What India is doing to fight for love

Every state has its own form of khap panchayat, even though it is not as pronounced as Haryana.

 |  4-minute read |   18-02-2018
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I am not among those who celebrate the Valentine's Day. Anyone who has seen the mindless commercialisation of it would want to stay away from it. However, if youngsters are going to learn the importance of love through this day, then why not? I have held this belief for the longest time and it is confirmed in today's vicious times.

I met a group of youngsters in Pune this Valentine's Day who are working on the freedom to love for the last three years. They work under the banner "Right to Love", an initiative that started in 2014.


The group comprising Abhijeet K, Sushant Asha, Vikas Shinde, and Mayuri Asha decided to come together after a young couple was mercilessly beaten up in Latur in December 2014. The video had gone viral and remained the focus of media debates for a few days.

On January 22, 2015, these youngsters conducted a march protesting the beating up of young boys and girls in love. Quite expectedly, they received threats and were told their march would be disrupted by letting donkeys into it. We would even teach the donkeys how to love, was their prompt reply to these disruptive elements.

The huge success of the march encouraged the youngsters to formalise their group as "Right to Love", which the organisers believe is a fundamental right. They have even studied various aspects of law in these three years with regards to an individual's choice of a partner.

The group not only encouraged people to fall in love, but also provided protection to those who needed it. So far, they have helped organise 14 inter-caste and one inter-religious marriage.

We have seen how such marriages face societal pressures, lack of protection from police, and at times, even honour killing. Every state has its own form of khap panchayat, even though it is not as pronounced as Haryana. Right to Love has decided to take on these social evils with more and more youngsters joining them. This effort is important on two fronts. One, Pune is a city known for its orthodox values and second, this movement is focused on lower sections of society where openness in love is still an alien concept.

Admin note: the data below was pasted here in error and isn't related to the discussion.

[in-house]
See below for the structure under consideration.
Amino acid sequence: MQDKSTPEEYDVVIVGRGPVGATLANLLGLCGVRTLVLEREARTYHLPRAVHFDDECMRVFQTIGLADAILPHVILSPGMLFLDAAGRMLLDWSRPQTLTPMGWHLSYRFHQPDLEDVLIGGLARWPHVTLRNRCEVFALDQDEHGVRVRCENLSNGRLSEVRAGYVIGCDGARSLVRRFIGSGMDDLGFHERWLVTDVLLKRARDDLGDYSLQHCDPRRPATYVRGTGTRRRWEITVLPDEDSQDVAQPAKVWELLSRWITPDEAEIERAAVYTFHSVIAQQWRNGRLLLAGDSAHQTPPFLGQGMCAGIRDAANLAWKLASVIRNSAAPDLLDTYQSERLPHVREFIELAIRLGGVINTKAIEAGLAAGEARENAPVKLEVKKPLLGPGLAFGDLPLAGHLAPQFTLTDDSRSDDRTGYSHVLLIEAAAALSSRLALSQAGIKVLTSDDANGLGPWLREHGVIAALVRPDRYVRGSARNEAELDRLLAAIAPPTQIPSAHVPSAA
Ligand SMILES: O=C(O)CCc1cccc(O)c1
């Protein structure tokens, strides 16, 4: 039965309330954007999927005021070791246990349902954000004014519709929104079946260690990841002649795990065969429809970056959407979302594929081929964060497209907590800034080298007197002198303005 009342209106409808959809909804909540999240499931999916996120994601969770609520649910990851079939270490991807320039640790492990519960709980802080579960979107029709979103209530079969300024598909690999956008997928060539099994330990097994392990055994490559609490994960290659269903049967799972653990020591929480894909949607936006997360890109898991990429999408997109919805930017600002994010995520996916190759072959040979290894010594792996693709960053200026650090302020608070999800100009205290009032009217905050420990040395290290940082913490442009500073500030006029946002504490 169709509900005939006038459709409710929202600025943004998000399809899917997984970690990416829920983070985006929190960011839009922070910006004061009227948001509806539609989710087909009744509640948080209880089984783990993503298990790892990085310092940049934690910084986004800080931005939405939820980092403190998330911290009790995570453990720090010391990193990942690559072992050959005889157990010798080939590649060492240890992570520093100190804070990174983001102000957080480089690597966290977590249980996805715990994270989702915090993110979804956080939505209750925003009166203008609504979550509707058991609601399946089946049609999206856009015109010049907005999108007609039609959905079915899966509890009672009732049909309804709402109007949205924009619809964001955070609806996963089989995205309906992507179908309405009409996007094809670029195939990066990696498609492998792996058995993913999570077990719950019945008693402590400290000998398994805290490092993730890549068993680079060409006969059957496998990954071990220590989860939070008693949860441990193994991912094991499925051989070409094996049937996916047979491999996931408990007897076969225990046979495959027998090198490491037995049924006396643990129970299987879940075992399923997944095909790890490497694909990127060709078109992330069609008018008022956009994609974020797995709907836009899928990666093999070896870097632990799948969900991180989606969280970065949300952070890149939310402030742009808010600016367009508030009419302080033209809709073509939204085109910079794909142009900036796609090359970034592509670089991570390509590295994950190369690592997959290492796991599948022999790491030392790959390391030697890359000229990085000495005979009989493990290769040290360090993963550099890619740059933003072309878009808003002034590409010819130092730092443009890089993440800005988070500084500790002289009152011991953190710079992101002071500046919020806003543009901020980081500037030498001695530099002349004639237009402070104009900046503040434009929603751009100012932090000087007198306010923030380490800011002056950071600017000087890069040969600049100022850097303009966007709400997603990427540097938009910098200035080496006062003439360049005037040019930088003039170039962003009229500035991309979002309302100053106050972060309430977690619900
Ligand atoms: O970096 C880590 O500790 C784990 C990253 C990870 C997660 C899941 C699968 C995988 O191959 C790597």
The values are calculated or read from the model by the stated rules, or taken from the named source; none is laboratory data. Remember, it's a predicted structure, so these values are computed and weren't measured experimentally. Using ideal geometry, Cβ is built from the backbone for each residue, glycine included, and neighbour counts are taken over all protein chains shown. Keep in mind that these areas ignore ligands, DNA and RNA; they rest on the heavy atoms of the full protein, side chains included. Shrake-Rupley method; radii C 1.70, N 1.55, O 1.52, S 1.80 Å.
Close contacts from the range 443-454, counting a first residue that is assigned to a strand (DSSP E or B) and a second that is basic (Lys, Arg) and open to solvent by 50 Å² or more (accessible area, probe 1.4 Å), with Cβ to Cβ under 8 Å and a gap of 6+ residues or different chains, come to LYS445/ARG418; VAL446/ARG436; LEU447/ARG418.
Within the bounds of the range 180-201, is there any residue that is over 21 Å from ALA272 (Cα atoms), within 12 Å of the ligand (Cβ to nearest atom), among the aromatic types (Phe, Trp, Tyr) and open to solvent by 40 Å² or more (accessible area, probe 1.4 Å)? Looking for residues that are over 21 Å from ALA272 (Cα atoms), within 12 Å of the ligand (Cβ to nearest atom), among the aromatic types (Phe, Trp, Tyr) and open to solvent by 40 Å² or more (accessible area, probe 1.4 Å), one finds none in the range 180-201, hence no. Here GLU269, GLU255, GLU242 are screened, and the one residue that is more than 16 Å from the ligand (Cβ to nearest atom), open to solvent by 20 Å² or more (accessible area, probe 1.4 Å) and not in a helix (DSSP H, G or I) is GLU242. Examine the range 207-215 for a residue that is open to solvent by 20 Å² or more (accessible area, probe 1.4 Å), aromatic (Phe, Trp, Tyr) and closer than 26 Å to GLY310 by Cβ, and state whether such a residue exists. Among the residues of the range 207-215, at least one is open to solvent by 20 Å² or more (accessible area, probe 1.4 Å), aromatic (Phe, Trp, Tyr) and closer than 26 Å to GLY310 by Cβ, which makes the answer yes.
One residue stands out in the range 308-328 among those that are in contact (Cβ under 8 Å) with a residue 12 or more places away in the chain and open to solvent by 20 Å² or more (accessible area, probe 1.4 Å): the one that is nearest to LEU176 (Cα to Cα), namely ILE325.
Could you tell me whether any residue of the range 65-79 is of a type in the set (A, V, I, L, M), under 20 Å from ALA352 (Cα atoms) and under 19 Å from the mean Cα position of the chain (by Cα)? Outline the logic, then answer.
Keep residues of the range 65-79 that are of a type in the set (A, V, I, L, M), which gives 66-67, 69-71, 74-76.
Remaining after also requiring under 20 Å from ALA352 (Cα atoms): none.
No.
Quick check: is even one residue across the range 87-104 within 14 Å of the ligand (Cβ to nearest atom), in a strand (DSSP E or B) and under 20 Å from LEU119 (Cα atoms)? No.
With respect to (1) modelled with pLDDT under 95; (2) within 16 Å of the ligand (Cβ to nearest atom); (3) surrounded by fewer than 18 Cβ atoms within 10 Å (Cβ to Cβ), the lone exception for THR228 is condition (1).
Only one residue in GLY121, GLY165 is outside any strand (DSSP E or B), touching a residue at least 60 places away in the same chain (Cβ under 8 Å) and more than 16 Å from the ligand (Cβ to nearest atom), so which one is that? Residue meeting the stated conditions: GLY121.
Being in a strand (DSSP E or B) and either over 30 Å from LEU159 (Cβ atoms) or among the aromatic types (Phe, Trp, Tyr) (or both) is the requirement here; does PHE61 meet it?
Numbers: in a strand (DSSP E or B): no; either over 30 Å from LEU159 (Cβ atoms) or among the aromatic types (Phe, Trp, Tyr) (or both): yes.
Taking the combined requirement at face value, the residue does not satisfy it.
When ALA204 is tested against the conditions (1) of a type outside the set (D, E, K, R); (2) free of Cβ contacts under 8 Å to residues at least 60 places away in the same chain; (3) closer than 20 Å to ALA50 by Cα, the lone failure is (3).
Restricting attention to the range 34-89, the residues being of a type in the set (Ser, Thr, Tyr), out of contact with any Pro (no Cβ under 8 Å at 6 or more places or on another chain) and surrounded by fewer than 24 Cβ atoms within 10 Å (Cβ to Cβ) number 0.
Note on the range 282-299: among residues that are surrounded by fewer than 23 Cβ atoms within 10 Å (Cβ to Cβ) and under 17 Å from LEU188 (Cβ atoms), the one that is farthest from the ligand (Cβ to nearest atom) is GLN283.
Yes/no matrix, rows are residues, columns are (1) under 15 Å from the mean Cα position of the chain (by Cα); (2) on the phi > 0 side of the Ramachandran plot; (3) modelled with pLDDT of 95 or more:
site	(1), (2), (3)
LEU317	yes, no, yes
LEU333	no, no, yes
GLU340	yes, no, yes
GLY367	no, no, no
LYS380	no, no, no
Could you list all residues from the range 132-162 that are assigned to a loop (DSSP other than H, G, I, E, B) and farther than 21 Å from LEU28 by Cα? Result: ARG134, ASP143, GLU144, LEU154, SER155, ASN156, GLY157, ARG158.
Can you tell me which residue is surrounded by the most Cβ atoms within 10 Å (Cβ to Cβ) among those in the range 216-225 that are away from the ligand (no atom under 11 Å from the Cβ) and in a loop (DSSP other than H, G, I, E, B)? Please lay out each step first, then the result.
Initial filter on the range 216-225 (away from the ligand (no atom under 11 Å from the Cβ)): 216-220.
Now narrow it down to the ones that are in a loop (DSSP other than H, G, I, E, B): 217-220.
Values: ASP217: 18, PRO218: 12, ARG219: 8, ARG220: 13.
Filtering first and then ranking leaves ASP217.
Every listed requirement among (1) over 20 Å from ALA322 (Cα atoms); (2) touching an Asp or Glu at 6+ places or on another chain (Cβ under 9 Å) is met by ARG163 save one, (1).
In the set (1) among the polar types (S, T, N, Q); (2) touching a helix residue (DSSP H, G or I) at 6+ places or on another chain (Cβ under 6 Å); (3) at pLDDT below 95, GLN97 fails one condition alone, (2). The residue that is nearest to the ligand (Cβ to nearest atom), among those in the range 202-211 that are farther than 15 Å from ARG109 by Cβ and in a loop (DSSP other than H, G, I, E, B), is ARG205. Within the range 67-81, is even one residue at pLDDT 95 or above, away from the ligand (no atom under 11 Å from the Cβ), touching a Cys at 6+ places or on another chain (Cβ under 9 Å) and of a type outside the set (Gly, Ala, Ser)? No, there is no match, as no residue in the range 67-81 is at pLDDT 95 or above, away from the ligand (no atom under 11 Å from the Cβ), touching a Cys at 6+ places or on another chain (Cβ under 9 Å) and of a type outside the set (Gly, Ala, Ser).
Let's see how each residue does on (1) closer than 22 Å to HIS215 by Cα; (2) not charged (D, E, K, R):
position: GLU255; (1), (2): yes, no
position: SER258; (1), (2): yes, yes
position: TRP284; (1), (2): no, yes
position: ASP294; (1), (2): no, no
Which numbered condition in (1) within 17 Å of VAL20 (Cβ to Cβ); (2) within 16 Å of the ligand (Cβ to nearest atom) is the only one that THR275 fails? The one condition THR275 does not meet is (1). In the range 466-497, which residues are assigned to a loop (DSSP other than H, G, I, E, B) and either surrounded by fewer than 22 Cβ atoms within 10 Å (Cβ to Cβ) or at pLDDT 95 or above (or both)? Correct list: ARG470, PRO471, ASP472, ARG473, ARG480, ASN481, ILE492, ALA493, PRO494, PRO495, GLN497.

Recently, Right to Love demanded a couple garden from the Pune corporation. Couples in the city do not get the privacy they need to spend quality time with each other. My friend and NDTV anchor Ravish Kumar has addressed it beautifully in his book Ishq Mein Shahar Hona. "Bharat ka koi bhi sheher prem anukul nahi hai (no city in India is conducive for love)," he says. The Pune corporation has responded with a positive feedback.

However, there is a fine line between loving someone and obsessing over someone going on to harass them. Right to love is aware of this problem and deals with such cases firmly too often taking the legal course in such cases.


In a patriarchal set-up, boys often find it hard to accept a "no". For them, Right to Love is planning an awareness campaign. They are aware of the need to create gender equality in relationships. Most importantly, these young soldiers of love have challenged virginity tests prevalent in the Kanjarbhat community, child marriages and so on.

This organisation may be young, and limited to Pune but they are getting humongous response from all over India. I think their work is extremely significant. Dr Narendra Dabholkar's Andhashraddha Nirmoolan Samiti (ANS) also encourages inter-caste marriages but their main work related to fighting superstitions. I don't know of a second organisation that works solely on love.

Valentine's Day came into being because Roman Emperor Claudius 2 was opposed to the idea of love. Saint Valentine challenged his authority. Every society has tried to suppress love in its own way time spans. The opposition often turns violent when the pretext is of religion or caste. BR Ambedkar and Periyar both encouraged inter-caste marriages to take on castiesm in the society. But today we as society and state turn a blind eye to these revolutionary ideas. On paper, many state governments encourage inter-caste marriages, but on the ground they do nothing about it.

A democratic set-up should naturally encourage love, but that doesn't happen. In these times of hate, love assumes an even greater importance. Majority of our society has never really spoken openly about love or sex (only the rich do). Let alone political parties, but even progressive movements rarely make it their agenda. In fact, sex is still seen as a taboo, which is why "sex tapes" often surface ahead of elections, and our news channels stigmatise it by telecasting them.

For most Indians, sex is merely a way of procreation. It is something that is to be done clandestinely. If, through initiatives like Right to Love, a change is triggered, and the society gets a new perspective, then it would be safe to say we had a productive Valentine's Day!

PS: On a lighter note, I'd say the "revolution" has already begun with Praveen Togadia backing Valentine's Day celebrations, and Shiv Sena not trying to stop celebrations. What began under the grandfather, doesn't find resonance in the times of the grandson.

Also read: Everything wrong with the Muslims outraging over Priya Prakash Varrier's 'wink' song


Nikhil Wagle Nikhil Wagle @waglenikhil

The author is a senior journalist from Maharashtra.

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